The COVID-19 pandemic should lead to wiser saving and spending habits from our state leaders in the future. During the next legislative session beginning in January 2021, A Better Delaware is looking for more serious consideration and evaluation regarding funding, programs, and expenses, as well as a codified savings plan.
If we use this as a much needed wake up call, we have the chance to truly make Delaware better in the future.
The imminent merger/acquisition of Wesley College, a private college, by Delaware State University, a public university, has once again brought into focus the determined effort by our state government to resist the transparency and openness necessary to allow public awareness and accountability. Delaware has historically ranked near the bottom for its lack of transparency and accountability.
Delaware’s shaky financial disclosure and ethics system is one big reason why the state earned a failing grade on the State Integrity Investigation, an assessment of state government accountability and transparency by the Center for Public Integrity and Global Integrity.
A report released in November 2015 shows that Delaware received a 56, or grade of F, ranking it 48th among all states. See the report here: publicintegrity.org/politics/state-politics/state-integrity-investigation/delaware-gets-f-grade-in-2015-state-integrity-investigation/.
In assessing the systems in place to deter corruption in state government, some of the categories that Delaware failed in were public access to information (grade F, rank 24th), political financing (grade F, rank 27th), executive accountability (grade F, rank 36th), legislative accountability (grade F, rank 48th), state budget process (grade D, rank 42nd) and ethics enforcement agencies (grade F, rank 43rd). These statistics do not present a very flattering picture of the “Delaware Way.”
Recent examples of Delaware’s embracement of government secrecy and lack of public accountability abound.
Gov. John Carney, the Department of Health and Human Services and the Division of Public Health have refused to release or post data as to the specific locations of coronavirus outbreaks, despite repeated requests by myself and other legislators. This information would be invaluable as we reopen child care centers and plan to reopen schools.
Delaware’s State Department has failed to require identification of beneficial ownership as regards nearly 1 million Limited Liability Company licenses issued yearly, and the Legislature has failed to pass legislation to require oversight that would be in the public’s interests.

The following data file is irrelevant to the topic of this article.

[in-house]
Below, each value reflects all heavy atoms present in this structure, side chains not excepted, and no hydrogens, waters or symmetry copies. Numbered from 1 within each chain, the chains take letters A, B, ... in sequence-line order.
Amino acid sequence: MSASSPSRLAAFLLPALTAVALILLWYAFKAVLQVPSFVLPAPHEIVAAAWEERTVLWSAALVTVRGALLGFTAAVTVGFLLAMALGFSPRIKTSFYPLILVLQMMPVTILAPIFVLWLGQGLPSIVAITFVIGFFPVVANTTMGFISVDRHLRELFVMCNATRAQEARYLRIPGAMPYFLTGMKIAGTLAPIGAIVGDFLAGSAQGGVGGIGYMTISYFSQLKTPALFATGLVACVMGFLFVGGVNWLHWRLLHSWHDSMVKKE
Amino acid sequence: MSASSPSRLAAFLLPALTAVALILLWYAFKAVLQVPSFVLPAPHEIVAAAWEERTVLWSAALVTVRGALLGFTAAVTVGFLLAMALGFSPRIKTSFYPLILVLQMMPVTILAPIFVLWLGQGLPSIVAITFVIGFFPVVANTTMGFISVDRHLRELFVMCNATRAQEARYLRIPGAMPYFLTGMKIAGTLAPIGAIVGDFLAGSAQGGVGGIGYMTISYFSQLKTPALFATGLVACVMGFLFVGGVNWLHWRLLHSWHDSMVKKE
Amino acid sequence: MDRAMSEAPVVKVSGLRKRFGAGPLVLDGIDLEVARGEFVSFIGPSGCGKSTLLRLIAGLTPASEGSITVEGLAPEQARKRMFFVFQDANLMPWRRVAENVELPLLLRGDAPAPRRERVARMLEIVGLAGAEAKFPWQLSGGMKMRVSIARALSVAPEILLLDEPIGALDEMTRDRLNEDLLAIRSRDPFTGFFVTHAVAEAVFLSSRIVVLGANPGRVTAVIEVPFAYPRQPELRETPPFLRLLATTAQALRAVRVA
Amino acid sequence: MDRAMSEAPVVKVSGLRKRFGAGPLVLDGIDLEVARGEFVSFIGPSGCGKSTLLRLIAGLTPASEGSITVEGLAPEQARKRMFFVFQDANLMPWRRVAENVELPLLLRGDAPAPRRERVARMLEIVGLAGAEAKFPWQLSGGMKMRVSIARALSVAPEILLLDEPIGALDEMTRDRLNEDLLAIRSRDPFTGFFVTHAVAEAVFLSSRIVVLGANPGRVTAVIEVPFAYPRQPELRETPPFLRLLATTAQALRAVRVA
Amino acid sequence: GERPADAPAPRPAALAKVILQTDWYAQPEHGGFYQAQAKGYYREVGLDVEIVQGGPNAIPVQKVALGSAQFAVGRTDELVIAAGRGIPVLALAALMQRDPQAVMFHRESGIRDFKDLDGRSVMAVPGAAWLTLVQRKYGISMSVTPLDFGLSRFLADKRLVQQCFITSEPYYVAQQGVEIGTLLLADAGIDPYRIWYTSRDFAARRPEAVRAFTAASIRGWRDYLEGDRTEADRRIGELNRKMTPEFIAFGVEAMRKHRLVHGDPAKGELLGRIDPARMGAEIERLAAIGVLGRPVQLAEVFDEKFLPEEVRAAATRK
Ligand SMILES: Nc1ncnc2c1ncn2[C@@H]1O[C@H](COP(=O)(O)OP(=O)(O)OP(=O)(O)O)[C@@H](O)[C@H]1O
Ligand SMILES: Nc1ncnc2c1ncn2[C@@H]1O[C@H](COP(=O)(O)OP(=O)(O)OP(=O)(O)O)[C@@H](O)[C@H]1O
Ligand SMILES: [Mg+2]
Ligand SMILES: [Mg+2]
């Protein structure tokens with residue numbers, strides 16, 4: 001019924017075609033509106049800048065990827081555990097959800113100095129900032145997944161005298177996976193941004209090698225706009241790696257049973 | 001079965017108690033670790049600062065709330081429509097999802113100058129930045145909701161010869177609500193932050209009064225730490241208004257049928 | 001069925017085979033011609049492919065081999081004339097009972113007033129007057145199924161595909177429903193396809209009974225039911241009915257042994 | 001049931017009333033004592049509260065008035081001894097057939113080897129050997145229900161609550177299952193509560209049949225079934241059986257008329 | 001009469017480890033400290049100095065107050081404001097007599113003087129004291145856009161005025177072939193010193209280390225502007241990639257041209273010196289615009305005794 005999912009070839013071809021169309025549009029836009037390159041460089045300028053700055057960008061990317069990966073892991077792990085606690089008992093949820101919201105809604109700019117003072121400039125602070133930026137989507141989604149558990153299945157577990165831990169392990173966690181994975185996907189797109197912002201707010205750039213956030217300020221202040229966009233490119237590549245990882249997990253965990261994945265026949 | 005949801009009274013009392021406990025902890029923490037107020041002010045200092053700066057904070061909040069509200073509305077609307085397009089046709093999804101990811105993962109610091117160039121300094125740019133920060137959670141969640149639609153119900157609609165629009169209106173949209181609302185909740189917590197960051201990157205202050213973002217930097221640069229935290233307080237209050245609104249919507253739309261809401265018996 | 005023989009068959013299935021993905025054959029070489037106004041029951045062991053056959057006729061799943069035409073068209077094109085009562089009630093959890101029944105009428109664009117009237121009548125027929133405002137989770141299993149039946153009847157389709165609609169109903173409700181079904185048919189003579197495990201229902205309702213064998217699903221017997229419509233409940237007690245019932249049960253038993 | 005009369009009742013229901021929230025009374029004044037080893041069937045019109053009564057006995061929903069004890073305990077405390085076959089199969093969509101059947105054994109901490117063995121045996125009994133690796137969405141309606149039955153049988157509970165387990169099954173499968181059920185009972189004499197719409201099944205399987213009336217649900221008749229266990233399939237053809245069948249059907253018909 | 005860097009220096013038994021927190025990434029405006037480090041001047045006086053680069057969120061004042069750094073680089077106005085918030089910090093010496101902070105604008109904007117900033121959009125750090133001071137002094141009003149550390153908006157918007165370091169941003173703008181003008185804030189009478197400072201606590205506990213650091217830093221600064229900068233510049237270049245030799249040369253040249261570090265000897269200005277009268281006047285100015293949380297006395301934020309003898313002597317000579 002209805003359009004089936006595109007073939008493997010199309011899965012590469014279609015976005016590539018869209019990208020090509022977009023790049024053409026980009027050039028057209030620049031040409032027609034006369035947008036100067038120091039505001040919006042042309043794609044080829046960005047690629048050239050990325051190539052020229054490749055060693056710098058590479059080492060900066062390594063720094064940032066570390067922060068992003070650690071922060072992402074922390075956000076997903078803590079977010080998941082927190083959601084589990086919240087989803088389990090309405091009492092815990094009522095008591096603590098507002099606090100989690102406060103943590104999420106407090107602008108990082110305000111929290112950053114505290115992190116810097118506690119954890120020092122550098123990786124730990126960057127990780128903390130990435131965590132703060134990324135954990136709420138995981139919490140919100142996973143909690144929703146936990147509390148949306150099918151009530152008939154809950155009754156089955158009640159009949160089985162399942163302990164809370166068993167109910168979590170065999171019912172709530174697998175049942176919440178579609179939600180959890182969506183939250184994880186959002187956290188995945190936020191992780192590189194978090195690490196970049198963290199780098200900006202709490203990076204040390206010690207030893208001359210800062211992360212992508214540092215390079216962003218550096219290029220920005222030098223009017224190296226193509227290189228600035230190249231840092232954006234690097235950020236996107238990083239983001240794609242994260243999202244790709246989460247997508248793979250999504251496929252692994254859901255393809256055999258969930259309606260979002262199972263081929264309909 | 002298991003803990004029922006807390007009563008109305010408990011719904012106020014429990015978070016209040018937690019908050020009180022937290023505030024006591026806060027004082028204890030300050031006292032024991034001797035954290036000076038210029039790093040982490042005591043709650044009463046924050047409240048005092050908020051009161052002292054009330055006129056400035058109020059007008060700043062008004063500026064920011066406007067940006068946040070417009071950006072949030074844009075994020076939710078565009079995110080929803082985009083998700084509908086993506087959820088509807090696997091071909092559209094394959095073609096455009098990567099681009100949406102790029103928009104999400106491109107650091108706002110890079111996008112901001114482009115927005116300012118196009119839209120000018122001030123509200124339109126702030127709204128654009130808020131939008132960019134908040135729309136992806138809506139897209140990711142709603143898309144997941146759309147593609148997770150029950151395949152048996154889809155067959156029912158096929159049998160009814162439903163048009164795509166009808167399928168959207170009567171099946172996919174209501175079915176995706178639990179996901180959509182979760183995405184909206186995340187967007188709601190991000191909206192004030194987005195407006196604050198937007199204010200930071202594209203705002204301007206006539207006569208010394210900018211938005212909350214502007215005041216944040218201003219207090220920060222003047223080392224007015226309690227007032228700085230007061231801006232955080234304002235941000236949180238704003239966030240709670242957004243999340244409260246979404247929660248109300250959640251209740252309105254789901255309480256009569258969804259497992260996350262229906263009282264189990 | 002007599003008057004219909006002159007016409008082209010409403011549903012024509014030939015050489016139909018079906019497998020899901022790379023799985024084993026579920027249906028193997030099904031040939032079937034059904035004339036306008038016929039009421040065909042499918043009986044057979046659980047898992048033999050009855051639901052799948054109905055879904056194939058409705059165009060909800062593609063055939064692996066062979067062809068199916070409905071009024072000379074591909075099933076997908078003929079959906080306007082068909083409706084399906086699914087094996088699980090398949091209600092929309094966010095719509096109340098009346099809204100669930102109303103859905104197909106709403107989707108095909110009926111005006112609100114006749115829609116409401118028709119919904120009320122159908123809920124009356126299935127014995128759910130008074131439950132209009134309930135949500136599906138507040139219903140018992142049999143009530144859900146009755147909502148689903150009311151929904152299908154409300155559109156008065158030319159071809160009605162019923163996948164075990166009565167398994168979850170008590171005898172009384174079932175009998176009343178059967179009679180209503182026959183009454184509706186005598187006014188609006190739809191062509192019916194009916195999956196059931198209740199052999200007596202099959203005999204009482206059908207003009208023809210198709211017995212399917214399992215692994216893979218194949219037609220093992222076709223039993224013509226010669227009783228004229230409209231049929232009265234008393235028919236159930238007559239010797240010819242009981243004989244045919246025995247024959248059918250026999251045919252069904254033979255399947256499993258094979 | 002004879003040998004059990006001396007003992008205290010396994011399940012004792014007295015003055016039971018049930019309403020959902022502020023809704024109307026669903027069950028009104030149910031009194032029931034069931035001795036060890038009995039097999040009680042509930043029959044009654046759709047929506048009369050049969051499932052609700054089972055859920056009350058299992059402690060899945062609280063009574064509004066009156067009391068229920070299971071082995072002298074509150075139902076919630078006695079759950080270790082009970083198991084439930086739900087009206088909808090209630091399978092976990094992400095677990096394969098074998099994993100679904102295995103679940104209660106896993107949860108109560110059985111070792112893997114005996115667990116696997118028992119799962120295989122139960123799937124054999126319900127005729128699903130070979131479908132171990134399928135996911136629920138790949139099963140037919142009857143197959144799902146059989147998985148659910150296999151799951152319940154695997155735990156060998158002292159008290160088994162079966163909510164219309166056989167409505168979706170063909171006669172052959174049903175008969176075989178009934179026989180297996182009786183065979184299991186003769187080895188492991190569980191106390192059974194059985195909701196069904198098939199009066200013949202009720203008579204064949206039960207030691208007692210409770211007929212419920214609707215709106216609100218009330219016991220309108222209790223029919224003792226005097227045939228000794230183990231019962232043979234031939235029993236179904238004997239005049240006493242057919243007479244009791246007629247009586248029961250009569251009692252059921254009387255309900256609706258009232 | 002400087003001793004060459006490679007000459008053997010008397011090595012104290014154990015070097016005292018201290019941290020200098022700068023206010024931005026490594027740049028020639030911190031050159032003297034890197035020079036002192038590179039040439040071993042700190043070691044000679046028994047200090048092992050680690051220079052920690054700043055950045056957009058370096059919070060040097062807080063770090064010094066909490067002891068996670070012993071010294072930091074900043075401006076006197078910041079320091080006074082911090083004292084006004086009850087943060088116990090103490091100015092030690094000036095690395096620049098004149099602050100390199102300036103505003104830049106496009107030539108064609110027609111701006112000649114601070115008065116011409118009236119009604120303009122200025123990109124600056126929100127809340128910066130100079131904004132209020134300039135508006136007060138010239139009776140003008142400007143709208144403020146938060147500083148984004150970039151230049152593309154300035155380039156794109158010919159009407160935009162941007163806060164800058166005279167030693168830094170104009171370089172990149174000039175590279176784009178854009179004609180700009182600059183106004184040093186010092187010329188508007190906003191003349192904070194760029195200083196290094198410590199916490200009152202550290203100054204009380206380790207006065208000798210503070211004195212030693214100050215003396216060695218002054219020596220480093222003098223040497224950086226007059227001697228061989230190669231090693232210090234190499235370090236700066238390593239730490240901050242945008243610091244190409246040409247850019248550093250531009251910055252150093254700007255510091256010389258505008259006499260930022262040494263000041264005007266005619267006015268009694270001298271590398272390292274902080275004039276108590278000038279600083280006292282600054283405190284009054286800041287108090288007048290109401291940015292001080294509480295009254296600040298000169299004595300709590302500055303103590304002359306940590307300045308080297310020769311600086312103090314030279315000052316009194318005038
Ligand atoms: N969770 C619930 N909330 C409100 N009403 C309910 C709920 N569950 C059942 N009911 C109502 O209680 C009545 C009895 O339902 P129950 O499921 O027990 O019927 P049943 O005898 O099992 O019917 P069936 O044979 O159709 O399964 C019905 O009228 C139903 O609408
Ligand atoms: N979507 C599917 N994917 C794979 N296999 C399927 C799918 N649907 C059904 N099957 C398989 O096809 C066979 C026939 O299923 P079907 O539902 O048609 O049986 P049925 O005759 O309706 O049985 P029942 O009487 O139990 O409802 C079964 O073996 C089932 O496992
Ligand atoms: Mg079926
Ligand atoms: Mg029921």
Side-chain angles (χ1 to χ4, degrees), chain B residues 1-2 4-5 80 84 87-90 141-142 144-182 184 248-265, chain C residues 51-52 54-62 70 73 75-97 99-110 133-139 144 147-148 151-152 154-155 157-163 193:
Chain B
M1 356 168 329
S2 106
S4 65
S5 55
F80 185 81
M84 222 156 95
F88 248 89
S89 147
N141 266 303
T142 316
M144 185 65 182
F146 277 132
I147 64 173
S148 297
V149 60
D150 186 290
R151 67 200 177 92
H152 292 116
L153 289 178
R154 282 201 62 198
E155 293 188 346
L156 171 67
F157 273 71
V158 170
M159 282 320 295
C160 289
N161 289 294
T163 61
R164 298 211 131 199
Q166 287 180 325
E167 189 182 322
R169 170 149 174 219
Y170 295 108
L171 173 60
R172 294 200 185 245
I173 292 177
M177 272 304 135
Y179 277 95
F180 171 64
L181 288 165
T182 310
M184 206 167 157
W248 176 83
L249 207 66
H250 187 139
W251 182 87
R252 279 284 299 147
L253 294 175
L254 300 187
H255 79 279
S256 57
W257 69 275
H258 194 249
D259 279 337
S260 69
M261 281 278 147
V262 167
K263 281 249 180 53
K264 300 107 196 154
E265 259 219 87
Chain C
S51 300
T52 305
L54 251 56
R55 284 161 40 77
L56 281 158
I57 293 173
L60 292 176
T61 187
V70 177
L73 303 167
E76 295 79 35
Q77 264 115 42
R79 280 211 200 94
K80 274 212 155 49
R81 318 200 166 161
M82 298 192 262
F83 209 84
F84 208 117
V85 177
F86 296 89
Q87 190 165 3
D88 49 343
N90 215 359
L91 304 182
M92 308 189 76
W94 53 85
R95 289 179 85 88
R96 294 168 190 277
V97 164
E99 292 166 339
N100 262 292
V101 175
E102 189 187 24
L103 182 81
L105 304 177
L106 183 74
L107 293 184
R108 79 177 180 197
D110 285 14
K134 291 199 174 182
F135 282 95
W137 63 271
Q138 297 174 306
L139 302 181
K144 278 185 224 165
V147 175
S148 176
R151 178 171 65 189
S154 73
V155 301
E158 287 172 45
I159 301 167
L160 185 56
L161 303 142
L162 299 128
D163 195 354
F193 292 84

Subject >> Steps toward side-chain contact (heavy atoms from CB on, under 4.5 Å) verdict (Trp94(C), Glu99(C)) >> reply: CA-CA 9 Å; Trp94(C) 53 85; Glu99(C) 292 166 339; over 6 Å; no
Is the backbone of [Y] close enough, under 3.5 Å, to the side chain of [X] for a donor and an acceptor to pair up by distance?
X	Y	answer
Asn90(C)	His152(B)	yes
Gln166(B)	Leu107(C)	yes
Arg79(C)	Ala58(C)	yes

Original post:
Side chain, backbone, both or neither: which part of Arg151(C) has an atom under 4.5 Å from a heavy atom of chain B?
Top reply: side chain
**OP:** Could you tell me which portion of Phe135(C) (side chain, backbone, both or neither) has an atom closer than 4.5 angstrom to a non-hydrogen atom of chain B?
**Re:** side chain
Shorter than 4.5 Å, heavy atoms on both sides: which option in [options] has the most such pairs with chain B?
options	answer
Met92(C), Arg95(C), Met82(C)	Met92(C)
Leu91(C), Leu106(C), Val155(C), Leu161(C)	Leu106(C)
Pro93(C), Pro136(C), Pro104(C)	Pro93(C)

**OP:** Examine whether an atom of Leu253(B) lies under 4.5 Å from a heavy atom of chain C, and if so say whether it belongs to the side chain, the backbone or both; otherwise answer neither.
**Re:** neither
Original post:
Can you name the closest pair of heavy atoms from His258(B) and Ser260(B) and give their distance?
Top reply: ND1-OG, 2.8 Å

The recent case involving the closed-door negotiations between the governor and the Wilmington business community that resulted in the dismantling of the Rodney Square bus terminal and the secretive bidding process and awarding of contracts for construction and management of the new Wilmington Bus Hub exemplifies an unwillingness to allow public access or scrutiny to major policy decisions. Repeated Freedom of Information Act requests on the particulars were rejected.
We’ve witnessed the abuse of the “epilogue language” process in the recently passed budget bill that allows select schools to keep money specifically allocated by law for student transportation expenses. Although existing state law requires that the money not used for transportation expenses be returned to the taxpayers, the epilogue language inserted into the budget bill contravenes existing code, and my amendment to remove it failed on the House floor.
Delaware’s Legislature created the Delaware Partnership for Prosperity, a public/private entity that recommends disbursement of tens of millions of taxpayer dollars to some of the richest corporations in America. Some recent recipients of note were Amazon Inc. and Barclays banks. Despite written FOIA requests by me for details, the DPP has claimed it is exempt from FOIA rules, even those submitted by a sitting lawmaker on behalf of his constituency.
These continued abuses of the public trust have cemented Delaware’s reputation as a secretive operation that feels it has no responsibility or obligation to the taxpaying public that it is sworn to represent.
Corporate welfare, or financial assistance from government to private businesses, has long been a game that is played in Delaware economic development. Unfortunately, this is a game that the state struggles to win.
Perhaps the most notable failure was Fisker Automotive, an California hybrid electric car company that received $21.5M in 2009. The deal, announced by Gov. Jack Markell and Vice President Biden, was intended to bring around 2,500 green jobs to the state. As time went on, the state had to cover utilities for the flailing company, and it was clear the deal had been a mistake.
Dan Simmons, former vice president of policy at the Institute for Energy Research, believed Delaware’s deal was unusual:
“Bloom was given a whole bunch of incentives and the surcharge, which is very strange. It looks like Delaware was doing everything it could to give Bloom money.”
But for the First State, aggressive incentives for major businesses is par for the course. In 2017, when the company was forced to repay the state $1.5M for failing to meet the proposed goals of the grants, legislators called the deal an “economic disaster” and “a hell of an expensive lesson picking winners and losers.”
That lesson faded quickly from memory.
Solenis,Amazon, and many more were given taxpayer dollars from Delaware’s Strategic Fund after it was clear that the massive Bloom deal was bust in 2017. Most recently, the state awarded $2.5M to British bank Barclay’s to bring 323 call center jobs into Delaware.
This announcement came as many businesses within the state are still awaiting help related to COVID-19, and some are forced to close their doors permanently. It’s a slap in the face.
While the state’s history of sweetheart-deals-gone-bad is enough to question the practice, since 1997, Delaware has given almost $500M in taxpayer dollars for business subsidies and grants, despite evidence showing that the main factors in a business’ decision to locate or expand in a state are the state’s business climate, tax codes, regulatory structure, labor force and education systems.
A Better Delaware would tend to these factors instead of continuously blowing money bribing companies to pick our state, only to under-perform or up and leave shortly after. Fixing these issues would improve the state overall, and use taxpayer dollars to help the taxpayers, as well as economic development.